Performance on android mobile is…not good. Get ready to see “we can’t get your conversations right now” a lot (and before you ask- I’m on a Google Pixel, fully patched, with solid service). If Teams would simply allow the app to show cached data instead of blanking out history pending the sync, I’d at least be able to see something. This would be awesome, since I often need to quickly refer to past conversations. I should be able to refer back without sync, and without service. Teams teases me, and flashes cached data for about one second, then blanks it with this annoying screen:

I hate this screen.

This little sad guy looks like Tait!

Tait Fletcher: Caveman Coffee founder, MMA fighter, and sad Teams user?


They are handled REALLY inconsistently. Sometimes the images we post show up inline (meaning they display in the app), but sometimes they just show up as links, and viewers will need to “download” them. Worse, they seem to need to be re-downloaded over and over again, and never really show up in line. This is has NOTHING to do with the type of attachment, and everything to do with HOW the attachment gets added. If you use the “share” button in the mobile app, it adds inline (good). If you use the “attach” button in the mobile app, it makes it a download (dumb). Dragging the item into the app on the desktop app? Seems to be inline (except sometimes it’s not). How about the attach button in the desktop app? Mostly downloads.

I don’t get it.


I wont get too deep into the debate about “threaded conversations”, as we are still brawling internally on that. But look at this:


That’s nearly FIFTY PERCENT OF MY SCREEN dedicated to the “reply” button. That is MADNESS from a UI perspective. 50% of my scrolling is simply a result of trying to get past a rarely used button/function? That’s gross. I really REALLY dislike the amount of space dedicated to this graphical acne. I want it GONE. Just make an icon. Move it to the bottom right of each chat, or better yet, have it HIDDEN until I hover over it, and have it appear. It’s the one instance where I’d expect to have to use the mouse, so make it do something worthwhile.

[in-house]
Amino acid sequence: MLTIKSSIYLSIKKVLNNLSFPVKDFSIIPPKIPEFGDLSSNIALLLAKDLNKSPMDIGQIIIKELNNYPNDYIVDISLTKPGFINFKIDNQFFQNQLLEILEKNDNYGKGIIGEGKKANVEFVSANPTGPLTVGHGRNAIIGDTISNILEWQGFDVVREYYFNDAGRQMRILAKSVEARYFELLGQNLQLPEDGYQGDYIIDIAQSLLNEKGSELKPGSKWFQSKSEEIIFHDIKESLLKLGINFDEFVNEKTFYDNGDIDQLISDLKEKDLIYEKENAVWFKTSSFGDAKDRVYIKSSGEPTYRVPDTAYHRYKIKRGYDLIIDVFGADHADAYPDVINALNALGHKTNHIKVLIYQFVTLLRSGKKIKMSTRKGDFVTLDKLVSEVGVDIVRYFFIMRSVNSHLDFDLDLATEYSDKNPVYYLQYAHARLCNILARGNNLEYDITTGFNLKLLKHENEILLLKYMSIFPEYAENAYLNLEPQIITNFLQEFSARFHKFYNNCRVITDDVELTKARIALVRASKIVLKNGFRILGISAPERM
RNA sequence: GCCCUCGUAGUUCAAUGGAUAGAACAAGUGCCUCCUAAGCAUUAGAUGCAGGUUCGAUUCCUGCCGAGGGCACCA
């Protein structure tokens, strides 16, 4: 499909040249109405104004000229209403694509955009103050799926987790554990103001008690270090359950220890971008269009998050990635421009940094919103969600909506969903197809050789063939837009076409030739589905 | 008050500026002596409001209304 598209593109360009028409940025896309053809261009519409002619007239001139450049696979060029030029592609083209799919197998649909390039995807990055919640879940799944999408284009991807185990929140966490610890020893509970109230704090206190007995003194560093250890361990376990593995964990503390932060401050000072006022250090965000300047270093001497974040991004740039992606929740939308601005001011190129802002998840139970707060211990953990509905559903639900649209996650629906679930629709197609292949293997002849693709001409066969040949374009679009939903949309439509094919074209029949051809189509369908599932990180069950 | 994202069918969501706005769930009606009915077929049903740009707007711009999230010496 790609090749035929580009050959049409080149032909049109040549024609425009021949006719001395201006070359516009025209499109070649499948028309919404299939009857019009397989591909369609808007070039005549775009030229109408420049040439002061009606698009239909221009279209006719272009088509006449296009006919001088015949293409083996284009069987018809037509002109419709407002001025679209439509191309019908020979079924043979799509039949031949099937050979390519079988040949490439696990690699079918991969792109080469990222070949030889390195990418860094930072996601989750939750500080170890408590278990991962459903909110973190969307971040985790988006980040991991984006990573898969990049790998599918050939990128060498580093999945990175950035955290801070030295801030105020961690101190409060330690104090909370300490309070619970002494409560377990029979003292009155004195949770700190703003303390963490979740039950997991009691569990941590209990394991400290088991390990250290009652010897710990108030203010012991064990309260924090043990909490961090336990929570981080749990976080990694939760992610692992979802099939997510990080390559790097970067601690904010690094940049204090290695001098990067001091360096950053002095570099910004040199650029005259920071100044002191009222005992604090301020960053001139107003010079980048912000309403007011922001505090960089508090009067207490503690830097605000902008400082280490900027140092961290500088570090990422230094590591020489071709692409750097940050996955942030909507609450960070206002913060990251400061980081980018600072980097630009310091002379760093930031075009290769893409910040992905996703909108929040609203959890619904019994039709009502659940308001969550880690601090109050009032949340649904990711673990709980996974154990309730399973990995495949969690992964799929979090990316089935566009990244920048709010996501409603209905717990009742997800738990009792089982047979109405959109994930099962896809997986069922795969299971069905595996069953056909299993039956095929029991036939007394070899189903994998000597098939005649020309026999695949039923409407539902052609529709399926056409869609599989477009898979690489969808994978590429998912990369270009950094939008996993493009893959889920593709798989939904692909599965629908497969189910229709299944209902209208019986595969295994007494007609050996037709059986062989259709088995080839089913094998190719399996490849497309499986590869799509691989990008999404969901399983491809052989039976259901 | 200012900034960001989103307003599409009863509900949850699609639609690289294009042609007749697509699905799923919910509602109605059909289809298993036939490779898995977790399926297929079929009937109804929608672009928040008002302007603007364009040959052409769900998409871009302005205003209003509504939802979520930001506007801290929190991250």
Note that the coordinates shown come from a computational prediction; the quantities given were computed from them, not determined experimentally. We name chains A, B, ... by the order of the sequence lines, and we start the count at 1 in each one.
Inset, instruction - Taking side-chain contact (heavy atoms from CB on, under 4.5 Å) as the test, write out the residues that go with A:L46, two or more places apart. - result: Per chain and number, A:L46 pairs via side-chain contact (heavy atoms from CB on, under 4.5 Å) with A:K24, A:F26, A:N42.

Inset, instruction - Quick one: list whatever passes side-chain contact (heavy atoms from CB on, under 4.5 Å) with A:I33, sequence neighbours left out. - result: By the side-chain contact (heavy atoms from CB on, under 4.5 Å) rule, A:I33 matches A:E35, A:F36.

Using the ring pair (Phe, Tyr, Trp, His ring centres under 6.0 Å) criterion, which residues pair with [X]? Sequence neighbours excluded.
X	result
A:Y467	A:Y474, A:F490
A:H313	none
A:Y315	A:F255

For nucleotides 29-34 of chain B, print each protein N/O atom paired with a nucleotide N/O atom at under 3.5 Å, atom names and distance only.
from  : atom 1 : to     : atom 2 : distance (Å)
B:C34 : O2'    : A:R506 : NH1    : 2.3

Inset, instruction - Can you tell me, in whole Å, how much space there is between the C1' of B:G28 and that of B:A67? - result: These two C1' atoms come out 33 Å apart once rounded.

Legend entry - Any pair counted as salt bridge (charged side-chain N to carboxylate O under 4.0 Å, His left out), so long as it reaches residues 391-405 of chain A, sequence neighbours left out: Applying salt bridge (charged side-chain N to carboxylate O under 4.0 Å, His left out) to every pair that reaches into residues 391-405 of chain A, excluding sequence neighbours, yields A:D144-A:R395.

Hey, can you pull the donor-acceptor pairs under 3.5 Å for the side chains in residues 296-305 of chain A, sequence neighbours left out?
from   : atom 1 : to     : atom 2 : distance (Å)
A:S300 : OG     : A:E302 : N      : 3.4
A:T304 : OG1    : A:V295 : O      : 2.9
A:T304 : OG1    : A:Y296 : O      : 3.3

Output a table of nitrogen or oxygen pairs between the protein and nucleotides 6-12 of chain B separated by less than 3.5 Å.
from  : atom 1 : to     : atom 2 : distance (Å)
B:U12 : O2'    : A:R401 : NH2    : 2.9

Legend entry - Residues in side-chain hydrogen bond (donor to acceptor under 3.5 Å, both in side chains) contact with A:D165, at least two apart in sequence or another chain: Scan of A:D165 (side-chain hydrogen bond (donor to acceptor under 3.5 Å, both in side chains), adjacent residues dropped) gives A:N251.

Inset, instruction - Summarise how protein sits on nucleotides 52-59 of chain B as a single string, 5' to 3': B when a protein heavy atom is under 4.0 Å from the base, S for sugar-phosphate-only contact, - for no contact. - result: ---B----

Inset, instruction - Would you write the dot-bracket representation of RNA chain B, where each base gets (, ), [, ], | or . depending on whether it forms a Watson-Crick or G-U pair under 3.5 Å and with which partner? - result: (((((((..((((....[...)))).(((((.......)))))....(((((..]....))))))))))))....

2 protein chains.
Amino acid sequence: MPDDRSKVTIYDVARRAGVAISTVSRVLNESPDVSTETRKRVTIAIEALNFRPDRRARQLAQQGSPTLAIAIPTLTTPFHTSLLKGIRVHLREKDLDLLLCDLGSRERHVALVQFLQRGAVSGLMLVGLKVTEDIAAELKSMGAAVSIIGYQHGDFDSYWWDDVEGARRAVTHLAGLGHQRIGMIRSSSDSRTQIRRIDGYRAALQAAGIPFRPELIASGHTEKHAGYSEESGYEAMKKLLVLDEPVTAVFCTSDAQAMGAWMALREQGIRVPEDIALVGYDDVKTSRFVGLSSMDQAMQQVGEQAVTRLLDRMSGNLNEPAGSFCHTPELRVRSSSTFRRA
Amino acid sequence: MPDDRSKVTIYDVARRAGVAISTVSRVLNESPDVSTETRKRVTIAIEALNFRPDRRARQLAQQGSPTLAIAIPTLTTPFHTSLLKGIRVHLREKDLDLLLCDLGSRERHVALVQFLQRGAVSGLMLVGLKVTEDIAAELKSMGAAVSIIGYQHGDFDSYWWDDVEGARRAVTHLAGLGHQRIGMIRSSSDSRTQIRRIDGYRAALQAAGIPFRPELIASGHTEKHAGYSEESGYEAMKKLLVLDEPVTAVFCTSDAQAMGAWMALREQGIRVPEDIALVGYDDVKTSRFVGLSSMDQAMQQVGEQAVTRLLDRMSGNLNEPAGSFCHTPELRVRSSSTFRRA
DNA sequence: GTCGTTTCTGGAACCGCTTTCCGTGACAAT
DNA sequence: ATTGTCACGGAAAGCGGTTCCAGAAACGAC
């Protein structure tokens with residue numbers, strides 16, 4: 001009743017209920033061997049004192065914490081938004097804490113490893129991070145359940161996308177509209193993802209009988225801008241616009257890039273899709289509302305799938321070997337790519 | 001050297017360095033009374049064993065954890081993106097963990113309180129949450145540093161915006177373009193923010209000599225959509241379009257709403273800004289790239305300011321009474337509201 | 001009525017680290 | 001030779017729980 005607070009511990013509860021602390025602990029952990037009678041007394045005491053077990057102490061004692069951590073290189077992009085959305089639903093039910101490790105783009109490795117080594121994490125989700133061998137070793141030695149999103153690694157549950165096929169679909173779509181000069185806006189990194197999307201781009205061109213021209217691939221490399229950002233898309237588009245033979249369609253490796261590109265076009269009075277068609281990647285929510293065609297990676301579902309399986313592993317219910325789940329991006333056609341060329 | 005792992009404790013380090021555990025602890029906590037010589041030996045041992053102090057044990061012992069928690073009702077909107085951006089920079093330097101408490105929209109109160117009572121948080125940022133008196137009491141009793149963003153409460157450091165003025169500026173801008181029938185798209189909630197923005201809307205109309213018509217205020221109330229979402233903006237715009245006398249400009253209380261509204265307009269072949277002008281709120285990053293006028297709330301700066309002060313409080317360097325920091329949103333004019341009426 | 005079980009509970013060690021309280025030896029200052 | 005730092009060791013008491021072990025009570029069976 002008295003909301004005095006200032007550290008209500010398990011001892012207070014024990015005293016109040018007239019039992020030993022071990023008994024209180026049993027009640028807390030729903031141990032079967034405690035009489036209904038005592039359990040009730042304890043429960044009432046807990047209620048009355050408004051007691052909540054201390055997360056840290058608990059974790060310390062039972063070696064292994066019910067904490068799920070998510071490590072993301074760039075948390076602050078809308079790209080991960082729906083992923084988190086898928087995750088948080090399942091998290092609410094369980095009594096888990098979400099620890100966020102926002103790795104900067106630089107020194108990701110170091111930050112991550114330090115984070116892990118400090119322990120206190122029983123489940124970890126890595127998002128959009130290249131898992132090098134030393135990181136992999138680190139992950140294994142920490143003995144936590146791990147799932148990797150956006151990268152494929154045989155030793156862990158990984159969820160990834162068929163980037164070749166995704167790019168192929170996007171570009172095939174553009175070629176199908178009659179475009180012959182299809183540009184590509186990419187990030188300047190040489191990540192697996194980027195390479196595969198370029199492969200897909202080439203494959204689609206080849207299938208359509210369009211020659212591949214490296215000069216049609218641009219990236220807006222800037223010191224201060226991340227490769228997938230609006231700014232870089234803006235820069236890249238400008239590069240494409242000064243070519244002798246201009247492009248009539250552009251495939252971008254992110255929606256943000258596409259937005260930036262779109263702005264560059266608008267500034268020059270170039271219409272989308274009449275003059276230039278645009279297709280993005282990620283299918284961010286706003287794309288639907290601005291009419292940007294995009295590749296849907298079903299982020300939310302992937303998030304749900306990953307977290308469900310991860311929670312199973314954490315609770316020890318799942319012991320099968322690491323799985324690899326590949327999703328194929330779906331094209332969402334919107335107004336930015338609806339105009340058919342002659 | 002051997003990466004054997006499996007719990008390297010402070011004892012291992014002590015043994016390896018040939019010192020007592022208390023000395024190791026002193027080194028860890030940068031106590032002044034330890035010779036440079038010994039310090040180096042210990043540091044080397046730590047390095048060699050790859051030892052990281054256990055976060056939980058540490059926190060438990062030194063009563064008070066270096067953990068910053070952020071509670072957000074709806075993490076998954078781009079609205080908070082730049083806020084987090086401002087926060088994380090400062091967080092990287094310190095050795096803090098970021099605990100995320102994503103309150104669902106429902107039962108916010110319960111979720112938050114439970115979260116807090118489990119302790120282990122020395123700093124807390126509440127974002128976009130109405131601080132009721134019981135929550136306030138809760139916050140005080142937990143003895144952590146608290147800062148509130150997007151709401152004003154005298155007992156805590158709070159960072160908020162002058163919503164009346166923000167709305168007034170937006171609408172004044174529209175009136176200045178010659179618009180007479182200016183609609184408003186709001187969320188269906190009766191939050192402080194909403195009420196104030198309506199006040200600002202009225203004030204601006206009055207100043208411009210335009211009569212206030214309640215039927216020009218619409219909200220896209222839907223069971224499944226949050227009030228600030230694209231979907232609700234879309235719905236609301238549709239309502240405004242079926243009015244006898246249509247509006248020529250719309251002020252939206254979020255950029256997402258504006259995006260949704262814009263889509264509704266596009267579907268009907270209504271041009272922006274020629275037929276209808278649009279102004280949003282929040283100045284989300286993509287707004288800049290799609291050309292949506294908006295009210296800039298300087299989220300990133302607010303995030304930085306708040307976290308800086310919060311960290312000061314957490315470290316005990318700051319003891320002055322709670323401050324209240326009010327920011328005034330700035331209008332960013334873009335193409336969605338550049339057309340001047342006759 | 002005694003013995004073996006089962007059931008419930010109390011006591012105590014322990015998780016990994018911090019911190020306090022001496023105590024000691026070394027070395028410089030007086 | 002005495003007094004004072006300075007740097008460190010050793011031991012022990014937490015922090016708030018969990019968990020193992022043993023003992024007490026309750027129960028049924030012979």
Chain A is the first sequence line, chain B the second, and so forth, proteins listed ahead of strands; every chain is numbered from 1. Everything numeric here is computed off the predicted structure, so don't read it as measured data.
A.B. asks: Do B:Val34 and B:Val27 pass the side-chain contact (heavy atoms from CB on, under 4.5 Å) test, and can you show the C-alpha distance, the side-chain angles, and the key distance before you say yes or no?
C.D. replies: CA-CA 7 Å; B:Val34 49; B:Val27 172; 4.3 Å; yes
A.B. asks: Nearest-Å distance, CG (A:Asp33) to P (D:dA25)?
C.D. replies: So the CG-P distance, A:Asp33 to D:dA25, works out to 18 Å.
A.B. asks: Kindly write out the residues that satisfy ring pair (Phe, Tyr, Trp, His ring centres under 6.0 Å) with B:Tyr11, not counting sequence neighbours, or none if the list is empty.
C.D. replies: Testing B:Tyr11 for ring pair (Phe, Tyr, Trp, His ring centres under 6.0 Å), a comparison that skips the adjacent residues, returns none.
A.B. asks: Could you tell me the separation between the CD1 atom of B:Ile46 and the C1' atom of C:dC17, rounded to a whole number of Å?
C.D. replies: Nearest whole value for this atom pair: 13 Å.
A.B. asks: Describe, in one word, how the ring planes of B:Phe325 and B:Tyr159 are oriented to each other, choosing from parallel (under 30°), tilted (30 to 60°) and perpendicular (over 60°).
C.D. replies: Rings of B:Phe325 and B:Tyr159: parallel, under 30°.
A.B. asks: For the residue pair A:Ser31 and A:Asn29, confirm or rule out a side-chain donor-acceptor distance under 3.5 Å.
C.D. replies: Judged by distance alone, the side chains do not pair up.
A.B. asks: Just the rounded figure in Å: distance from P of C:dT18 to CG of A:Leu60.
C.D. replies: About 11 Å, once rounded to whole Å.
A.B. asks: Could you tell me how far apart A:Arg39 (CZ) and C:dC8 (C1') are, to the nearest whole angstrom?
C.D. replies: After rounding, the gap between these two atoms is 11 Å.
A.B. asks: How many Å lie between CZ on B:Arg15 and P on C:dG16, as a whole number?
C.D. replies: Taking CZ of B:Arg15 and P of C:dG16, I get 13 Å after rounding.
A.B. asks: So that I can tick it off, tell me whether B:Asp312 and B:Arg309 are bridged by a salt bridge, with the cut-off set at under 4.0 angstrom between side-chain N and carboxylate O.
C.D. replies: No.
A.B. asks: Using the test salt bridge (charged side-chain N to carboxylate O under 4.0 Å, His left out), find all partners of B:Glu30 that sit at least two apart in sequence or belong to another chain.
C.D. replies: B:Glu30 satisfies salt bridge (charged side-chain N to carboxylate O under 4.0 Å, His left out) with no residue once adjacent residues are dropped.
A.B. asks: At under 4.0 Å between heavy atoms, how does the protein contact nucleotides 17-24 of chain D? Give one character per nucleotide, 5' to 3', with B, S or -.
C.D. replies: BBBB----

Slack had a master “go” shortcut that allowed us to jump from one channel to another, from a chat with one teammate to a channel, or to another teammate. Command-K. This shortcut was super useful. Dramatically reduced my usage of the mouse, which is a victory.

CONCLUSION: Slack 9/Teams 8

(We’re doing boxing style scoring on this fight, in honor of the “showdown” concept).

Slack kicked Teams’ butt when it comes to cross-talk and engagement. That’s the basic intent of the tool. But the ref deducted a point because Slack also allowed a little too much freewheeling fancy nonsense to go on, at the expense of good old fashioned focus. But then, after multiple warnings, the ref deducted a point from Teams for low blows (that is, consistency problems with attachments, file management, and mobile performance).

But stay tuned! It’s too soon to call this fight. Teams clearly has a lot of promise, featuring direct integration with our calendars, easy file sharing and the rest of the communication stack like email, Skype for Business, video and audio calls. I think Slack is going to have to dig deep in the later rounds to stay on top.

Clearly, if Teams keeps working on streamlining and making the product more predictable, I think Slack is in a world of trouble. But if Microsoft lets this be yet another aborted project that dies quietly in a corner, then Slack will win, and win BIG.

Stay tuned folks. This fight is heating up.